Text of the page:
People queuing up for Mega Millions tickets aren't the only ones salivating over the record $540 million jackpot that could be won Friday -- some state governments struggling through lean times know a hometown winner would bring a tax bonanza.
After the failure of repeated efforts to end llinois legislators' power to hand out a few scholarships every year without regard to students' needs or qualifications, opponents are making a new push to eliminate the waivers.
The measure of how challenging it can be to live in Nome, Alaska, starts with a dollar sign.
After three days of Supreme Court arguments, the questions justices asked the lawyers have led to the belief that the fate of the health care law could lie with two justices: Anthony Kennedy' and Chief Justice John Roberts.
The mayor-elect of a New Mexico border town is turning to the state Supreme Court to help get him into office.
A New Jersey congressman has spent at least $97,000 in campaign money on at least 18 trips over the past five years to California.
A judge in the state of Oklahoma struck down a state law requiring women seeking abortions to have an ultrasound image placed in front of them and to listen to a detailed description of the fetus before the procedure.
Don Bivens, a top Democratic challenger in Arizona's U.S. Senate race, announced that he was ending his campaign because a competitive primary battle was draining resources the party needed to win in November.
Idaho's Republican-controlled Legislature is backing away from a bill requiring women seeking an abortion to get an ultrasound first, capping weeks of Capitol demonstrations, a live Senate ultrasound exhibition on pregnant women and threats against at least one lawmaker.
Amazon.com Inc. announced plans for a $150 million warehouse and distribution center in southern Indiana after state officials gave the online retailer two more years before it has to start collecting sales taxes from customers.
New York City Mayor Michael Bloomberg says his successor shouldn't live in the mansion that has long been the official mayoral residence because it would reduce the number of official events that can be held there and would burden the city with unnecessary rental costs.
Democratic campaign treasurer Kinde Durkee defrauded at least 50 candidates, officeholders and political organizations out of $7 million in a scheme that dates back more than a decade, according to a court filing by federal prosecutors.
Federal appeals judges rejected a lawsuit by "Joe the Plumber" that claimed his rights were violated by a state records search after he voiced public concern over taxes to then-candidate Barack Obama.
The Obama administration forged ahead on Tuesday with the first-ever limits on heat-trapping pollution from new power plants, ignoring protests from industry and from Republicans who have said the regulation will raise electricity prices and kill off coal, the dominant U.S. energy source.
New Mexico activists have ramped up their call for a Justice Department probe into Albuquerque police after officers shot and killed two men last week, bringing the total of such shootings to 18 in just over two years.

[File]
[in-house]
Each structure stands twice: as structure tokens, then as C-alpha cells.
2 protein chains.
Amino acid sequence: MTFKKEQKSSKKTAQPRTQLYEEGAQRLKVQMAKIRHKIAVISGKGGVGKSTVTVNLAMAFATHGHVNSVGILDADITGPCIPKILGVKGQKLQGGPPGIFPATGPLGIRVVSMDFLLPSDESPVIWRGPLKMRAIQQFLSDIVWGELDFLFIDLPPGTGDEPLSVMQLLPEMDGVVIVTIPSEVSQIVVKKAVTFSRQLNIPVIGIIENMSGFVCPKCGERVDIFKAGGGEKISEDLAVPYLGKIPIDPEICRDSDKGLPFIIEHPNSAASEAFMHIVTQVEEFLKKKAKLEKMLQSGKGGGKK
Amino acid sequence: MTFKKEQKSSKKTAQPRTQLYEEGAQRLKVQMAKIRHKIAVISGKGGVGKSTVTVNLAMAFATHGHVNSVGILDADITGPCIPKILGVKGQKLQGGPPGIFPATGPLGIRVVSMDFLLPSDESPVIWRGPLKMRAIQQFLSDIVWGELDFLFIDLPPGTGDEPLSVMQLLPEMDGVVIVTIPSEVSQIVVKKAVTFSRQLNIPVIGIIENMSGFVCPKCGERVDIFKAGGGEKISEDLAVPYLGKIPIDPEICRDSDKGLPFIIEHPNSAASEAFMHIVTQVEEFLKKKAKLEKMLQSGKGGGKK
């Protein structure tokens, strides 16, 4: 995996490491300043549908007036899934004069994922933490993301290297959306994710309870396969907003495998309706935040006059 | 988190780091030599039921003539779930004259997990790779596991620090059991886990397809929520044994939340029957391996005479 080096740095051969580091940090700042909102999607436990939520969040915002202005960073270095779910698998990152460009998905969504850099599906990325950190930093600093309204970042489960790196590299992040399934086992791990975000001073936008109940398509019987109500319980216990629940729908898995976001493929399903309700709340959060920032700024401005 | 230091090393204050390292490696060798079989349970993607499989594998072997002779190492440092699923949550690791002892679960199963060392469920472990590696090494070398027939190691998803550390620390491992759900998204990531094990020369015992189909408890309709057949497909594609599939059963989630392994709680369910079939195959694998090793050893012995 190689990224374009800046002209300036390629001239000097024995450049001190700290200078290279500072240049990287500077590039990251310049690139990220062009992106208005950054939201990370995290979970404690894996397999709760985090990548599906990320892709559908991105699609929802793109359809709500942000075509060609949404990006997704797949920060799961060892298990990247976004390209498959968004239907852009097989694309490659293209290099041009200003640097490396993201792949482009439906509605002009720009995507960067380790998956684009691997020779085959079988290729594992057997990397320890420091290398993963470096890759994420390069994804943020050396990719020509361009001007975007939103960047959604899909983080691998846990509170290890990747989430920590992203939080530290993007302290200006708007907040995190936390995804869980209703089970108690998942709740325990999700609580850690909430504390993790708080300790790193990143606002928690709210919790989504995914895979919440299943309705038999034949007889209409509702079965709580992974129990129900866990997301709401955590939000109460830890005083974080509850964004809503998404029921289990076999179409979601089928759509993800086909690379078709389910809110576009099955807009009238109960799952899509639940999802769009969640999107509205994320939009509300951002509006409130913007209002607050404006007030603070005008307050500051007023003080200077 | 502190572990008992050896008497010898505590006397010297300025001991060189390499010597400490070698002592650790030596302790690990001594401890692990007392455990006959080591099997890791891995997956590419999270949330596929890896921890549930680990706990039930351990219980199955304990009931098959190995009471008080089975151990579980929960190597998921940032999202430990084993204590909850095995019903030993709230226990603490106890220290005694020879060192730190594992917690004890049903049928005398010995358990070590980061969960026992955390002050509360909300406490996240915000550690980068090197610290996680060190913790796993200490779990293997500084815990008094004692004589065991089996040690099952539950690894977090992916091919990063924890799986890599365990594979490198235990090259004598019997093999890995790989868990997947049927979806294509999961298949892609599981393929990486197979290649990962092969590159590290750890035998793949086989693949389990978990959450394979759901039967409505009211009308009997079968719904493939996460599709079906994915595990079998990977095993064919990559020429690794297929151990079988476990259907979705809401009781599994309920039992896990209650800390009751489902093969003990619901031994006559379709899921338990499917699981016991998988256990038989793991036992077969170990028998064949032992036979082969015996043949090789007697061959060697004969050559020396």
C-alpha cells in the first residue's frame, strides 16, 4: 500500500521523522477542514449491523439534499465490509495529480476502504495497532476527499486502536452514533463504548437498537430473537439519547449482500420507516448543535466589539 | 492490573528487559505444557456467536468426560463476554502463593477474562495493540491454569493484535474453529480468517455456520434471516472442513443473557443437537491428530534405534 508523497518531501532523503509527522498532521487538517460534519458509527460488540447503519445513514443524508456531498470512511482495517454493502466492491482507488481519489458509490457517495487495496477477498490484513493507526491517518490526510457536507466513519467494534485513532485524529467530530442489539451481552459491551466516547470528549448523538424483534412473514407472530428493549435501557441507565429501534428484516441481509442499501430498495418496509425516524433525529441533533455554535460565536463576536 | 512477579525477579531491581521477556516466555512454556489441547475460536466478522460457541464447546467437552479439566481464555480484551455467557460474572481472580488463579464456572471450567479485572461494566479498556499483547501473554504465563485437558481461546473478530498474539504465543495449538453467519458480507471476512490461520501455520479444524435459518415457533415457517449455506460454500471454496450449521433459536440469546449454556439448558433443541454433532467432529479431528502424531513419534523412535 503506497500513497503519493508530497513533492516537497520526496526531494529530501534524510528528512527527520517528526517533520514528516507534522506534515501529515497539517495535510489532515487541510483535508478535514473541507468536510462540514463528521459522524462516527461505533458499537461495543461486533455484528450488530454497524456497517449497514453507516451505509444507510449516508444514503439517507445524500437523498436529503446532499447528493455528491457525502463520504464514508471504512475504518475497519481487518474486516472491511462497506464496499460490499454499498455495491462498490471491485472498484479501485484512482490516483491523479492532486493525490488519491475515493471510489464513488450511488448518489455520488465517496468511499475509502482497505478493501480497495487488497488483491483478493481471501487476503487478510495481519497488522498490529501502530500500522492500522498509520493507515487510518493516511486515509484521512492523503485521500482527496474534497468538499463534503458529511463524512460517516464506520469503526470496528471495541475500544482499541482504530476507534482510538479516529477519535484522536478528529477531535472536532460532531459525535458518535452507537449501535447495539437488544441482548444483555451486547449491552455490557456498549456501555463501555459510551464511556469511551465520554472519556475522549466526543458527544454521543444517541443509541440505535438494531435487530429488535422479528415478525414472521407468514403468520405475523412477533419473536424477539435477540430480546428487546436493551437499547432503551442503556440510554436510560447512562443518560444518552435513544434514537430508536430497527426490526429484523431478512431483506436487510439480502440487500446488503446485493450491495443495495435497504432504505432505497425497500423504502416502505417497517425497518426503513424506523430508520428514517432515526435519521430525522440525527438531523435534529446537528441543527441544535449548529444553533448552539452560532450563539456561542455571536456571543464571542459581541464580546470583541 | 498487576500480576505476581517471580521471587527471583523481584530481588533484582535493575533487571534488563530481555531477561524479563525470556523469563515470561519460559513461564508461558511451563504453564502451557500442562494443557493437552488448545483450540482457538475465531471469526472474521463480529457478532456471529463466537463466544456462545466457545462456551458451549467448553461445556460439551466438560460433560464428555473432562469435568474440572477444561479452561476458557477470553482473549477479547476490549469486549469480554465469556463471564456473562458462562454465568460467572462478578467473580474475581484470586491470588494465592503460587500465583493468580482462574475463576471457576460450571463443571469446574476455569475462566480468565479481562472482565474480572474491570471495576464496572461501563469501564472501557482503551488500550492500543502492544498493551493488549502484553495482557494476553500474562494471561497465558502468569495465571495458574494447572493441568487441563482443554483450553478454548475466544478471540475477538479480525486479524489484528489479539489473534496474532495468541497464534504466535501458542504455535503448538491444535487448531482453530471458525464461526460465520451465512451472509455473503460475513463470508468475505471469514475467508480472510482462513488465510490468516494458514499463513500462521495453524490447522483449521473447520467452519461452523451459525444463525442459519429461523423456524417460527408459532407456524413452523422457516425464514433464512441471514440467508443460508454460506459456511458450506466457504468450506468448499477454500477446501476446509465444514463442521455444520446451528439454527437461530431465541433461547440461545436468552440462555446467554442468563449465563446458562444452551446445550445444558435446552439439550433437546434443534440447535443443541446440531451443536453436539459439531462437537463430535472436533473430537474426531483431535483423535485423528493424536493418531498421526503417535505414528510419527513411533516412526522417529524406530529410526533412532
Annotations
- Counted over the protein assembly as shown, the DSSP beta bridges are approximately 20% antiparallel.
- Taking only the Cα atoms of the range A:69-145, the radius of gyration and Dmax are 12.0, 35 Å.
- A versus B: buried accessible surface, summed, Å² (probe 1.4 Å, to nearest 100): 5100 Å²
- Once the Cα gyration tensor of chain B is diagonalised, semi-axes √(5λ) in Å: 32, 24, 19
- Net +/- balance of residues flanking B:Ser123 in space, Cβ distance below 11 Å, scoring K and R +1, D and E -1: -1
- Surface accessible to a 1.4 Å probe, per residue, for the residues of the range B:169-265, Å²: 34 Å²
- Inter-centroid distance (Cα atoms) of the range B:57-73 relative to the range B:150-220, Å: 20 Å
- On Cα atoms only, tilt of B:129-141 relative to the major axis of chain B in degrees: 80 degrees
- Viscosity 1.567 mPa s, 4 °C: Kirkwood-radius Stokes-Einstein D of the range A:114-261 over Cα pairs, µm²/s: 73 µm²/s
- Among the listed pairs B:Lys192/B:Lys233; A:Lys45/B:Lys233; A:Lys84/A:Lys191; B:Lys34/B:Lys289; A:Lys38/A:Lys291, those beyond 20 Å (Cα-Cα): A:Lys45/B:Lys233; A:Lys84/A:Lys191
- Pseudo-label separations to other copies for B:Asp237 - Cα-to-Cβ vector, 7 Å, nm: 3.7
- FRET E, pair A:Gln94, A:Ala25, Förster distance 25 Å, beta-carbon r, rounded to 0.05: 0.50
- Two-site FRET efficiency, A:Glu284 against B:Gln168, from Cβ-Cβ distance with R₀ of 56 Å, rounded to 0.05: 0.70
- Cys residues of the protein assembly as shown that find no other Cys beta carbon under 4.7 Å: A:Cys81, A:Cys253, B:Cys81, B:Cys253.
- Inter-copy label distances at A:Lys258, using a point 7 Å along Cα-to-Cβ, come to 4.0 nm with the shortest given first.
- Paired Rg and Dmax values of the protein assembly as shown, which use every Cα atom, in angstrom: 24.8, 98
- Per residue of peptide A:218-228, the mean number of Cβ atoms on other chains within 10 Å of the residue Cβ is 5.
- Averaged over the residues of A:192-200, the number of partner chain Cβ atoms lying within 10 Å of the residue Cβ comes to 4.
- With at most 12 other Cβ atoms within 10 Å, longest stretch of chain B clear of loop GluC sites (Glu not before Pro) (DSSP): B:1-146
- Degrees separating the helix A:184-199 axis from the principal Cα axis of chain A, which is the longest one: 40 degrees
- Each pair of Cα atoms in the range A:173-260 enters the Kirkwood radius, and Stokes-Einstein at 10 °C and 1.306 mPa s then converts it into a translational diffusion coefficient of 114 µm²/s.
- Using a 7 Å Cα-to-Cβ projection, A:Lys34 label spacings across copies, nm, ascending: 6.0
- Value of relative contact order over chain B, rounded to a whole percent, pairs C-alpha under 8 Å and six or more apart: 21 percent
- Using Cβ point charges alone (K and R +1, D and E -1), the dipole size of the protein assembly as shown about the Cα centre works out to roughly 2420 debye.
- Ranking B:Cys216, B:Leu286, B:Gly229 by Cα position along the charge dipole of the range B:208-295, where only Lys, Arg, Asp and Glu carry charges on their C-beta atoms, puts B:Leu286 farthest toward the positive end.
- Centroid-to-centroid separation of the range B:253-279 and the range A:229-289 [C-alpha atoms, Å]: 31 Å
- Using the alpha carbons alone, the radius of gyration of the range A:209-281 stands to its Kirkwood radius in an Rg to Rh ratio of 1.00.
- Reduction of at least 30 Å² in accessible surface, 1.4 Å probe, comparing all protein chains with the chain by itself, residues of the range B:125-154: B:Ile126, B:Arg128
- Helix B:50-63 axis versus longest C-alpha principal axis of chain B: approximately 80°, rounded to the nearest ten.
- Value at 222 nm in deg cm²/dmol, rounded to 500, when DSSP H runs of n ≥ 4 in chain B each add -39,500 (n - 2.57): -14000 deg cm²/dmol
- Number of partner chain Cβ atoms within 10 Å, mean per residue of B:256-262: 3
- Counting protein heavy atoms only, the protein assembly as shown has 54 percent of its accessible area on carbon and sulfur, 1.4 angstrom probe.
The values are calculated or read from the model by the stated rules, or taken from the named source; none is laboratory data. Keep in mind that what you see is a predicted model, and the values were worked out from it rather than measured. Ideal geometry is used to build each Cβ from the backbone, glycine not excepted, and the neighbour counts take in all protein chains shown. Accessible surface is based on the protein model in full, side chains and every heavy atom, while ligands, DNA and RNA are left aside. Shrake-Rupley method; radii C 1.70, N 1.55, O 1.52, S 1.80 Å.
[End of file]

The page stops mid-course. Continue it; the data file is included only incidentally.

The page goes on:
Republican state Sen. Jane Orie was convicted on 14 counts of theft of services, conflict of interest and forgery and likely will be forced from the Senate.
Congressman Charles Rangel and his campaign have agreed to pay $23,000 stemming from his use of a rent-stabilized apartment in New York City as a campaign office.
With a potential shutdown of federal highway and transit programs looming, House Republican leaders abruptly canceled a vote Monday on three-month extension bill aimed at keeping aid flowing to states while Congress debates an overhaul of transportation policy.
State and city leaders are making progress in their negotiations about how best to rescue cash-strapped Detroit and could have a deal in place later this week, Michigan Gov. Rick Snyder said Monday.
Bills in both houses would update the Hatch Act to end federal prohibitions on state and local government employees seeking elected office.
A long-running dispute over exactly what an "unnamed gray, two-story vessel approximately 57 feet in length" was has landed before the U.S. Supreme Court. The outcome will determine whether federal maritime or state laws apply to structures that are moored, more or less permanently, in one place.
The U.S. Justice Department could bring a hate crime charge against the shooter in the killing of a black Florida teenager if there is sufficient evidence the slaying was motivated by racial bias and not simply a fight that spiraled out of control, legal experts and former prosecutors say.
Gov. Gary Herbert will sign a bill that demands the federal government relinquish control of public lands in Utah by 2014, setting the table for a potential legal battle over millions of acres in the state.
The nation's big insurers are spending millions to carry out President Barack Obama's health care overhaul even though there's a chance the wide-reaching law won't survive Supreme Court scrutiny.
As high unemployment persists more than four years after the start of the Great Recession, many in the U.S. who have struggled for years without work say they face discrimination.